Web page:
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Tis not thy Title, Doctor tho' thou art,
'Tis not thy Mitre, which hath won my heart.
State is a farce, Names are but empty Things,
Degrees are bought, and, by mistaken kings,
Titles are oft mifplac'd; Mitres, which shine
So bright in other eyes, are dull in mine,
Unless set off by Virtue; who deceives
Under the facred fanction of Lawn-fleeves,
double fin;

Enhances guilt, commits a

So fair without, and yet fo foul within.
'Tis not thy outward form, thy eafy mein,
Thy sweet complacency, thy brow ferene,
Thy open front, thy Love-commanding eye,
Where fifty Cupids, as in ambush, lie,
Which can from fixty to fixteen impart
The force of Love, and point his blunted dart;
"Tis not thy Face, tho' that by Nature's made
An index to thy foul, tho' there display'd
We fee thy mind at large, and thro' thy skin
Peeps out that Courtefy which dwells within;
'Tis not thy Birth-for that is low as mine,
Around our heads no lineal glories shine--
But what is Birth, when, to delight mankind,
Heralds can make those arms they cannot find;
When Thou art to Thyfelf, thy Sire unknown,
A Whole, Welch Genealogy Alone?

No, 'tis thy inward Man, thy proper Worth,

Thy right juft Eftimation here on earth,
Thy Life and Doctrine uniformly join'd,
And flowing from that wholfome fource thy mind,
Thy known contempt of Perfecution's rod,
Thy Charity for Man, thy Love of God,

Thy Faith in Christ, so well approv'd 'mongst men,
Which now give life, and utt'rance to my pen.
Thy Virtue, not thy Rank, demands my lays;
'Tis not the Bishop, but the Saint I praise.
Rais'd by that Theme, I foar on wings more strong,
And burft forth into praife with-held too long.

Much did I wish, e'en whilft I kept thofe fheep, Which, for my curfe, I was ordain'd to keep; Ordain'd, alas! to keep thro' need, not choice, Those sheep which never heard their fhepherd's voice, Which did not know, yet would not learn their way, Which stray'd themselves, yet griev'd that I should ftray,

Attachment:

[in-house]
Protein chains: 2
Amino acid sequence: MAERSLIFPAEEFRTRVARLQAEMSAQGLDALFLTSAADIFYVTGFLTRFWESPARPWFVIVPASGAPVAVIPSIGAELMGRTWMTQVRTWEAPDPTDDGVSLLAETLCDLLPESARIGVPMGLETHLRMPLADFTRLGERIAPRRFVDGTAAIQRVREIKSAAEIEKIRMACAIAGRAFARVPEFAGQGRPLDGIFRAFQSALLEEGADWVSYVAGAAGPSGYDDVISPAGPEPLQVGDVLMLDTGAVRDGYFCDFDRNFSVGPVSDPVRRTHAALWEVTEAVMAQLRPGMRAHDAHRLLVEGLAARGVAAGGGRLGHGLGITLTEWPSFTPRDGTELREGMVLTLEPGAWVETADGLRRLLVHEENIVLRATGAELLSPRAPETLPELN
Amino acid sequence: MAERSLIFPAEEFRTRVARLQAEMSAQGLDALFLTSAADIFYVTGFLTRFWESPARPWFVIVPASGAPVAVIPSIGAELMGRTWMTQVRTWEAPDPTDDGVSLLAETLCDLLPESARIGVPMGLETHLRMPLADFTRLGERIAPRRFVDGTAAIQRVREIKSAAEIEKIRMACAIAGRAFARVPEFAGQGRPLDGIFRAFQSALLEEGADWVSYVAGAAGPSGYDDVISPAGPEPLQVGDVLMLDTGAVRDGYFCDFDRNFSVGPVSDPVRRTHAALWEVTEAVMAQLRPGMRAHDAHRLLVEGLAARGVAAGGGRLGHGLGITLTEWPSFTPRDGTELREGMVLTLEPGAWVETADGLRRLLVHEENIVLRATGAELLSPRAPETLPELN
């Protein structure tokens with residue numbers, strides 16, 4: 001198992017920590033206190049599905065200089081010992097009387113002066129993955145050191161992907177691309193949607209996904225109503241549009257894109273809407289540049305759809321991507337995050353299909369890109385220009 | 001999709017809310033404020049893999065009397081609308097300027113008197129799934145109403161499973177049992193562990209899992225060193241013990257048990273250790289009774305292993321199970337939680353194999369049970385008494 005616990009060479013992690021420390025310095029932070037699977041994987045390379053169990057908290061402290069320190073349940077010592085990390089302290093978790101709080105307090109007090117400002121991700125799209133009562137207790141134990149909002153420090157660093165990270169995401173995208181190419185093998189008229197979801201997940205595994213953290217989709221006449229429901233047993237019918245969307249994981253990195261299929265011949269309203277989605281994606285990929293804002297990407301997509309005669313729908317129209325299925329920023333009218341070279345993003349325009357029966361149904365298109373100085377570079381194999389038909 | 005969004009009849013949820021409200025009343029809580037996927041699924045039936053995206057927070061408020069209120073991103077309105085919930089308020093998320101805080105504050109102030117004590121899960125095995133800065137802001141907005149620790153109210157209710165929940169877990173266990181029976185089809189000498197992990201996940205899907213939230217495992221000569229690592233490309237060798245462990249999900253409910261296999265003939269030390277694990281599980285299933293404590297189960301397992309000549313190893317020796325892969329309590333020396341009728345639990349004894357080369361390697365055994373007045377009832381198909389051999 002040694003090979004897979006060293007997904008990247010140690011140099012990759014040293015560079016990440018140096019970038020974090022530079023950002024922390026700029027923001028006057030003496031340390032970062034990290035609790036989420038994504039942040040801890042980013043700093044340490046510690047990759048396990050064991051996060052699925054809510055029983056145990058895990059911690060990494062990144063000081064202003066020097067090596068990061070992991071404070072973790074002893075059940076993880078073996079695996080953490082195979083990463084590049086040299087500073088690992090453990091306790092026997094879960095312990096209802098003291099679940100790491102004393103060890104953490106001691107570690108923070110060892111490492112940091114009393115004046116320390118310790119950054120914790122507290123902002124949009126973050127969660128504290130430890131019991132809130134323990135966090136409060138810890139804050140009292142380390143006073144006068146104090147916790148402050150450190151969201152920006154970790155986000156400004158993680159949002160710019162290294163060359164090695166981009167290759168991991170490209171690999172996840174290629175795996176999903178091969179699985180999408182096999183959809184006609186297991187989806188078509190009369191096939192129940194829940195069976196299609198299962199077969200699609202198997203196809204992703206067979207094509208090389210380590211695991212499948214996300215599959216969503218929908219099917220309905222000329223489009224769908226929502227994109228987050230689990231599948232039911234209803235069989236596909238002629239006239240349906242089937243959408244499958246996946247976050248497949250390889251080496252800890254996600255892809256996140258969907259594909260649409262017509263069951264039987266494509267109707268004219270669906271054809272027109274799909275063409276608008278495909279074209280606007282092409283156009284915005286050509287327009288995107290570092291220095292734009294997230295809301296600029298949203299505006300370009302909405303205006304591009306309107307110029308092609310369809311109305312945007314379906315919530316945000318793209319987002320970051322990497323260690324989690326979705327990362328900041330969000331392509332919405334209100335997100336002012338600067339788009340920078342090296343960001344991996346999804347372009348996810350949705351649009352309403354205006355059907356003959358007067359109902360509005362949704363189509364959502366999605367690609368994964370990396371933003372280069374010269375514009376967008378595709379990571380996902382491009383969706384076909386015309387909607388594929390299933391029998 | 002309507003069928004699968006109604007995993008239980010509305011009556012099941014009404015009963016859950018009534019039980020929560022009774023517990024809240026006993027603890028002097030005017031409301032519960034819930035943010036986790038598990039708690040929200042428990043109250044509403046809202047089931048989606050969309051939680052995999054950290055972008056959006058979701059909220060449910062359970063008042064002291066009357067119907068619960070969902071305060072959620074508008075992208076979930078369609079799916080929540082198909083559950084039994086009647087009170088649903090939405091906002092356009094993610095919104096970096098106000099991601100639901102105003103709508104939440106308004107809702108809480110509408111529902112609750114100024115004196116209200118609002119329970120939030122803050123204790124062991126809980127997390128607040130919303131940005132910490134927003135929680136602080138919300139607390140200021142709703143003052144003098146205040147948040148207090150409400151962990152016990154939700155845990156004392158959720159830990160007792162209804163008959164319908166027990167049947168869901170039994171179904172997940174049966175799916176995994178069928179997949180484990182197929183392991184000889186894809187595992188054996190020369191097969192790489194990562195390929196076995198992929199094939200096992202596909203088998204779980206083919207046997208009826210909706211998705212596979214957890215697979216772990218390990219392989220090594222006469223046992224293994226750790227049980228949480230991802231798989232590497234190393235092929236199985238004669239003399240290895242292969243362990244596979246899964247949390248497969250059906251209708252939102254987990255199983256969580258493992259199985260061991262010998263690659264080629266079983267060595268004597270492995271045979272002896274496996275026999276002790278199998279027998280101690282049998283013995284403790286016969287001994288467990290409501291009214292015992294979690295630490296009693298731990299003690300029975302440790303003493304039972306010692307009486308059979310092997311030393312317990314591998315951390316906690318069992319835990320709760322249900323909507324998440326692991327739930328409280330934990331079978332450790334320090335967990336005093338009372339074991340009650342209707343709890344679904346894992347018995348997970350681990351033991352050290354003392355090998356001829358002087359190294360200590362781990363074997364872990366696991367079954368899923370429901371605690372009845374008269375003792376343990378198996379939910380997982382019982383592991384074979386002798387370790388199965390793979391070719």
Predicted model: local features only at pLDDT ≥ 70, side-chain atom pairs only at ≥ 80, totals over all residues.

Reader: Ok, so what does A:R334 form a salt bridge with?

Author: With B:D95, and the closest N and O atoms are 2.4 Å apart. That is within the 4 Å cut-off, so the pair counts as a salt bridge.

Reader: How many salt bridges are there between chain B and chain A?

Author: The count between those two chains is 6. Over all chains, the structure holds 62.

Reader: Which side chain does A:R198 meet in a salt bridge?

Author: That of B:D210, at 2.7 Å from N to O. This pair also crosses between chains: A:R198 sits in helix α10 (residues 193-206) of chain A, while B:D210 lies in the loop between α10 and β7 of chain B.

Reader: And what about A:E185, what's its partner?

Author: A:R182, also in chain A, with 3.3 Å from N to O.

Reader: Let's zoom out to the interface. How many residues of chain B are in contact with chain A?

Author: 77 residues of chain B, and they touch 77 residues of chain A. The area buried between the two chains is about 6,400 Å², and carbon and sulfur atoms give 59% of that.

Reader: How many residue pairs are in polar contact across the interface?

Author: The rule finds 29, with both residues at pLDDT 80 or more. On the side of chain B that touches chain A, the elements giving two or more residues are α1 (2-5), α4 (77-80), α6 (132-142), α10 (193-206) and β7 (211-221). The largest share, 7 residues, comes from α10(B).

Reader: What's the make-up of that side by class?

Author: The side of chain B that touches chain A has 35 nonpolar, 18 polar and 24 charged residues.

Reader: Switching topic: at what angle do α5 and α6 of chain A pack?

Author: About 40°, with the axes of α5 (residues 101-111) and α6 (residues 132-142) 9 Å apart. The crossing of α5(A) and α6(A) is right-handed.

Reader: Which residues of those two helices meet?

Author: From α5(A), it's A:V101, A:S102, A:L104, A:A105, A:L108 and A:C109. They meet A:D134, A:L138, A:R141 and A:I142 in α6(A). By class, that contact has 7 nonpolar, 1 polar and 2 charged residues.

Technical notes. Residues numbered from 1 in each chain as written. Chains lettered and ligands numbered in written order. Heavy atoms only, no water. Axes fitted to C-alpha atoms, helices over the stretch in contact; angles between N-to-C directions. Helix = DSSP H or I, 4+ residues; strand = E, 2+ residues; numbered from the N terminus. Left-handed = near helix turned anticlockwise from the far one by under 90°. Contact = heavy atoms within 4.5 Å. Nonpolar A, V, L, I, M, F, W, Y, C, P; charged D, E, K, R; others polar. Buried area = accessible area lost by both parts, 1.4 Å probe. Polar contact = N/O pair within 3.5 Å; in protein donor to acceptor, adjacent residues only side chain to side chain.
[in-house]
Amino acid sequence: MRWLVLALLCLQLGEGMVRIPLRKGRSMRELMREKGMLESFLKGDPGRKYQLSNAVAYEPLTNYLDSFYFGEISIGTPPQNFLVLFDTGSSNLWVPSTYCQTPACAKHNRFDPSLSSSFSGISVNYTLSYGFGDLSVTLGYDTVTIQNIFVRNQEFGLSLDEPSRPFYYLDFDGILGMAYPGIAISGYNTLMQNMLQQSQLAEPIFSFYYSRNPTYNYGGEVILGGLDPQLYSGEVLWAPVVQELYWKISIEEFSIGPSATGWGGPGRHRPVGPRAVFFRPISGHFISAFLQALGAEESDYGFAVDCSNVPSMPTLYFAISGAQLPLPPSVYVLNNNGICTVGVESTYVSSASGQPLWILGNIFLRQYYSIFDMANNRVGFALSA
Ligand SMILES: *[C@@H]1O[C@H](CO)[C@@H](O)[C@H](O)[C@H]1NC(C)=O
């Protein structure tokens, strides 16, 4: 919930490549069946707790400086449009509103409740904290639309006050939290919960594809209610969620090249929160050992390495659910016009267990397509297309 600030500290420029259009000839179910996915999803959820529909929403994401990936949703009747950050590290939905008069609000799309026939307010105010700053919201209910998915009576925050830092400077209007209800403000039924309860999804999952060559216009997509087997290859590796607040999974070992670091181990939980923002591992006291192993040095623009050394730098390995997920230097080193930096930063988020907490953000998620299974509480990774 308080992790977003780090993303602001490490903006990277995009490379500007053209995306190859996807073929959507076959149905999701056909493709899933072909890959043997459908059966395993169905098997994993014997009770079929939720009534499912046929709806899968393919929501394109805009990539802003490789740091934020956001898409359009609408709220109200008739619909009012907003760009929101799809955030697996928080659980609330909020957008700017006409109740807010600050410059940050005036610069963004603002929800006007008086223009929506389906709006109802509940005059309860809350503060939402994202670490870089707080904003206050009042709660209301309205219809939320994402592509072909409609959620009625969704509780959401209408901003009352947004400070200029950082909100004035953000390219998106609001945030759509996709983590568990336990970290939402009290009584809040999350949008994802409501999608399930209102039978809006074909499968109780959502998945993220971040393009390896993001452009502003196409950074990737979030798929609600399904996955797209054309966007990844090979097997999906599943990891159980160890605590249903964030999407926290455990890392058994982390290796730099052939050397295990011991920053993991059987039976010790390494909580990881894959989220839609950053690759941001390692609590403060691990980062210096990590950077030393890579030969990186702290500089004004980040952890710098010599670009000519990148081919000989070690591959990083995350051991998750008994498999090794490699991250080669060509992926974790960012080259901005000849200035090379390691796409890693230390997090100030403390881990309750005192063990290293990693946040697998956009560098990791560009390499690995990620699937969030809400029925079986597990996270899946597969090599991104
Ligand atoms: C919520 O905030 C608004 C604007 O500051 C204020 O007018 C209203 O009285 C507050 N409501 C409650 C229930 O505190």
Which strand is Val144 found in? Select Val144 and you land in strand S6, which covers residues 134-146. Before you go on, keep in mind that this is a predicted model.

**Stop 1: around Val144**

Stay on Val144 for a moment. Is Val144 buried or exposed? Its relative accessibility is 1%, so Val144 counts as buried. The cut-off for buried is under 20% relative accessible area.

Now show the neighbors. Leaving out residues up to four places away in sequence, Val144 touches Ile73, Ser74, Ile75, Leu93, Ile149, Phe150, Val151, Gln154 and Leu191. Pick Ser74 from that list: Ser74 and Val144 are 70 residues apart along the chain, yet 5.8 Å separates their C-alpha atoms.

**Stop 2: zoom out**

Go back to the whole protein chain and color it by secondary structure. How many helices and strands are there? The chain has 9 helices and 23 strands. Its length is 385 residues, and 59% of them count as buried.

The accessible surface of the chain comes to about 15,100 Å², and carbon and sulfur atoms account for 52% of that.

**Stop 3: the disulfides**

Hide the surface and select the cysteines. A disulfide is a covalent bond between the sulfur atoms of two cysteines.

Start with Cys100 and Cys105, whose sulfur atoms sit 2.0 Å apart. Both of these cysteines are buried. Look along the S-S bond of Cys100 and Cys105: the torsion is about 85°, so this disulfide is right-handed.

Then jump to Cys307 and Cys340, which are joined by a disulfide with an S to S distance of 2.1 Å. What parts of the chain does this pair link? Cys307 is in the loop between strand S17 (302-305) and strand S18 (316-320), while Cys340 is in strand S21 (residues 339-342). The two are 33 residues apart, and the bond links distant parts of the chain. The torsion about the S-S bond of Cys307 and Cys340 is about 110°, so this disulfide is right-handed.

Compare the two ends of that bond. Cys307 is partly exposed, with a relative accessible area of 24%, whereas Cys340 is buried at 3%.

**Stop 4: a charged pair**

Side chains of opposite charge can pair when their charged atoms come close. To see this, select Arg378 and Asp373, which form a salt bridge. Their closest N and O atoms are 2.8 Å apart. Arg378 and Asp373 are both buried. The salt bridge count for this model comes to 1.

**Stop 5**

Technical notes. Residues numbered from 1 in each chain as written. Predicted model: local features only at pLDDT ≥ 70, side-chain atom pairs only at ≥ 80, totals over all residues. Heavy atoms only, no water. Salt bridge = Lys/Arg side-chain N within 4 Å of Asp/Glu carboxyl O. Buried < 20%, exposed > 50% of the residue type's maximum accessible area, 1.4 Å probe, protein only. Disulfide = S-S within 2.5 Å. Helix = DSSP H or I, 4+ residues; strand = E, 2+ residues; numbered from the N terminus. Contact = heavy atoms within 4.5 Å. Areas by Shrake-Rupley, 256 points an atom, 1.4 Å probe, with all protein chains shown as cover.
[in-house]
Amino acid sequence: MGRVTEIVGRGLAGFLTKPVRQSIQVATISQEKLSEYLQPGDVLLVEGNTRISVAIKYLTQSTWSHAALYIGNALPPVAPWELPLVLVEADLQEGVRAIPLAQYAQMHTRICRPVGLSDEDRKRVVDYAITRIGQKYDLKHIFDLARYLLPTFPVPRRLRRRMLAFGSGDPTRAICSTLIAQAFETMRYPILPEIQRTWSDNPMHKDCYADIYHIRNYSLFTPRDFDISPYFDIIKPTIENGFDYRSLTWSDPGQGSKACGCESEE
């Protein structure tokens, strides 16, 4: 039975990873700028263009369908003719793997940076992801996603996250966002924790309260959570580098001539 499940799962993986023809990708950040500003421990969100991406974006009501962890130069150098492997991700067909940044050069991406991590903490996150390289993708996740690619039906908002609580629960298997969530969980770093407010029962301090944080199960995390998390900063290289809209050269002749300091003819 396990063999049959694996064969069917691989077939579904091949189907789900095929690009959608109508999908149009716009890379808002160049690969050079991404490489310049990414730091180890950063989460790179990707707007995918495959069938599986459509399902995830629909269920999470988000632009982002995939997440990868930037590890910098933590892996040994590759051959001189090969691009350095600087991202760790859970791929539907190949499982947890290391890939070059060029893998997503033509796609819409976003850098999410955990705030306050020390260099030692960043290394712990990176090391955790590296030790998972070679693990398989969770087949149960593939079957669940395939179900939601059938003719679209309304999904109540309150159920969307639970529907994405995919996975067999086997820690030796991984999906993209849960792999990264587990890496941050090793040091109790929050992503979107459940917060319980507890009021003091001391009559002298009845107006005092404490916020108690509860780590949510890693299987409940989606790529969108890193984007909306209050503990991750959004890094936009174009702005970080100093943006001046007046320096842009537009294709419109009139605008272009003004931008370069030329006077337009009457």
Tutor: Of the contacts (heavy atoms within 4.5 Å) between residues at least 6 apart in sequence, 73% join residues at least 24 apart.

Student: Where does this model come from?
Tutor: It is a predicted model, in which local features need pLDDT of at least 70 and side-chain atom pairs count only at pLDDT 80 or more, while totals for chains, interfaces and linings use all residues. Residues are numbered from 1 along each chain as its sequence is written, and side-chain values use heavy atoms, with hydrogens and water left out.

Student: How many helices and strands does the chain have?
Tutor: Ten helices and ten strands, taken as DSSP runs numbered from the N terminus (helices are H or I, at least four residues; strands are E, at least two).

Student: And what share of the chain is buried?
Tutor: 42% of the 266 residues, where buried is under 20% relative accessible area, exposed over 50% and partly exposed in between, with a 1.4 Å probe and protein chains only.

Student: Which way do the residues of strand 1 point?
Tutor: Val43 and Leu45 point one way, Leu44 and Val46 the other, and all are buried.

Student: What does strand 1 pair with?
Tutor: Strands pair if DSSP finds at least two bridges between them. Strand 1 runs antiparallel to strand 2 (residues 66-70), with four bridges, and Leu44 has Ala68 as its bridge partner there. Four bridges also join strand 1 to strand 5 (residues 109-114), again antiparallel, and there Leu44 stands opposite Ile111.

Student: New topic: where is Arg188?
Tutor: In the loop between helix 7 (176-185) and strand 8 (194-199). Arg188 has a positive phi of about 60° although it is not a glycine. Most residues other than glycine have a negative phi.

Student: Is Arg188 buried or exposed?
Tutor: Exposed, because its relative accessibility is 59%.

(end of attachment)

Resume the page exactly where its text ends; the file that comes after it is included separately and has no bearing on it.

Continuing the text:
Those sheep, which my good Father (on his bier
Let filial duty drop the pious tear)

Kept well, yet starv'd himfelf, e'en at that time,
Whilst I was pure, and innocent of rime,
Whilft, facred Dullnefs ever in my view,

Sleep at my bidding crept from pew to pew,

Much did I wish, tho' little could I hope,
A Friend in him, who was the Friend of POPE.

His hand, faid I, my youthful fteps fhall guide, And lead me safe where thousands fall befide; His Temper, his Experience fhall controul, And hush to peace the tempest of my foul; His Judgment teach me, from the Critic school, How not to err, and how to err by rule;

Inftruct me, mingling profit with delight,

Where POPE was wrong, where SHAKESPEARE was not right;

Where they are justly prais'd, and where thro' whim,
How little's due to them, how much to him.
Rais'd 'bove the flavery of common rules,
Of Common-Senfe, of modern, antient schools,
Those feelings banish'd, which mislead us all,
Fools as we are, and which we Nature call,
He, by his great example, might impart
A better fomething, and baptize it Art;
He, all the feelings of my youth forgot,
Might fhew me what is Taste, by what is not;
By him fupported, with a proper pride,

I might hold all mankind as fools befide;

He (fhould a World, perverfe and peevish grown, Explode his maxims, and affert their own,

Might teach me, like himself, to be content,
And let their folly be their punishment;
Might, like himself, teach his adopted Son,
'Gainst all the World, to quote a WARBURTON.

Fool that I was, could I fo much deceive
My foul with lying hopes; could I believe
That He, the fervant of his Maker fworn,
The fervant of his Saviour, would be torn
From their embrace, and leave that dear employ,
The cure of fouls, his duty and his joy,

For toys like mine, and wafte his precious time,
On which fo much depended, for a rime?
Should He forfake the task he undertook,
Defert his flock, and break his past'ral crook?
Should He (forbid it Heav'n) fo high in place,
So rich in knowledge, quit the work of Grace,
And, idly wand'ring o'er the Mufe's hill,
Let the falvation of mankind stand still?

Far, far be that from Thee-yes, far from Thee Be fuch revolt from Grace, and far from me The Will to think it-Guilt is in the ThoughtNot fo, Not fo, hath WARBURTON been taught, Not fo learn'd Chrift-Recall that day, well-known,


When (to maintain God's honour-and his own)

He call'd Blafphemers forth-Methinks I now
See ftern Rebuke enthroned on his brow,
And arm'd with tenfold terrours-from his tongue,
Where fiery zeal, and Christian fury hung,
Methinks I hear the deep-ton'd thunders roll,
And chill with horrour ev'ry finner's foul—
In vain They strive to fly-flight cannot fave,
And POTTER trembles even in his
With all the conscious pride of innocence,
Methinks I hear him, in his own defence,
Bear witness to himself, whilst all Men knew,
By Gofpel-rules, his witness to be true.

O Glorious Man, thy zeal I muft commend, Tho' it depriv'd me of my dearest friend. The real motives of thy anger known,

WILKES muft the justice of that

anger own;

And, could thy bosom have been bar'd to view, Pitied himself, in turn had pitied you.

Bred to the law, You wifely took the gown,
Which I, like Demas, foolishly laid down.
Hence double strength our Holy Mother drew;
Me fhe
got rid of, and made prize of you.

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I, like an idle Truant, fond of play,
Doting on toys, and throwing gems away,

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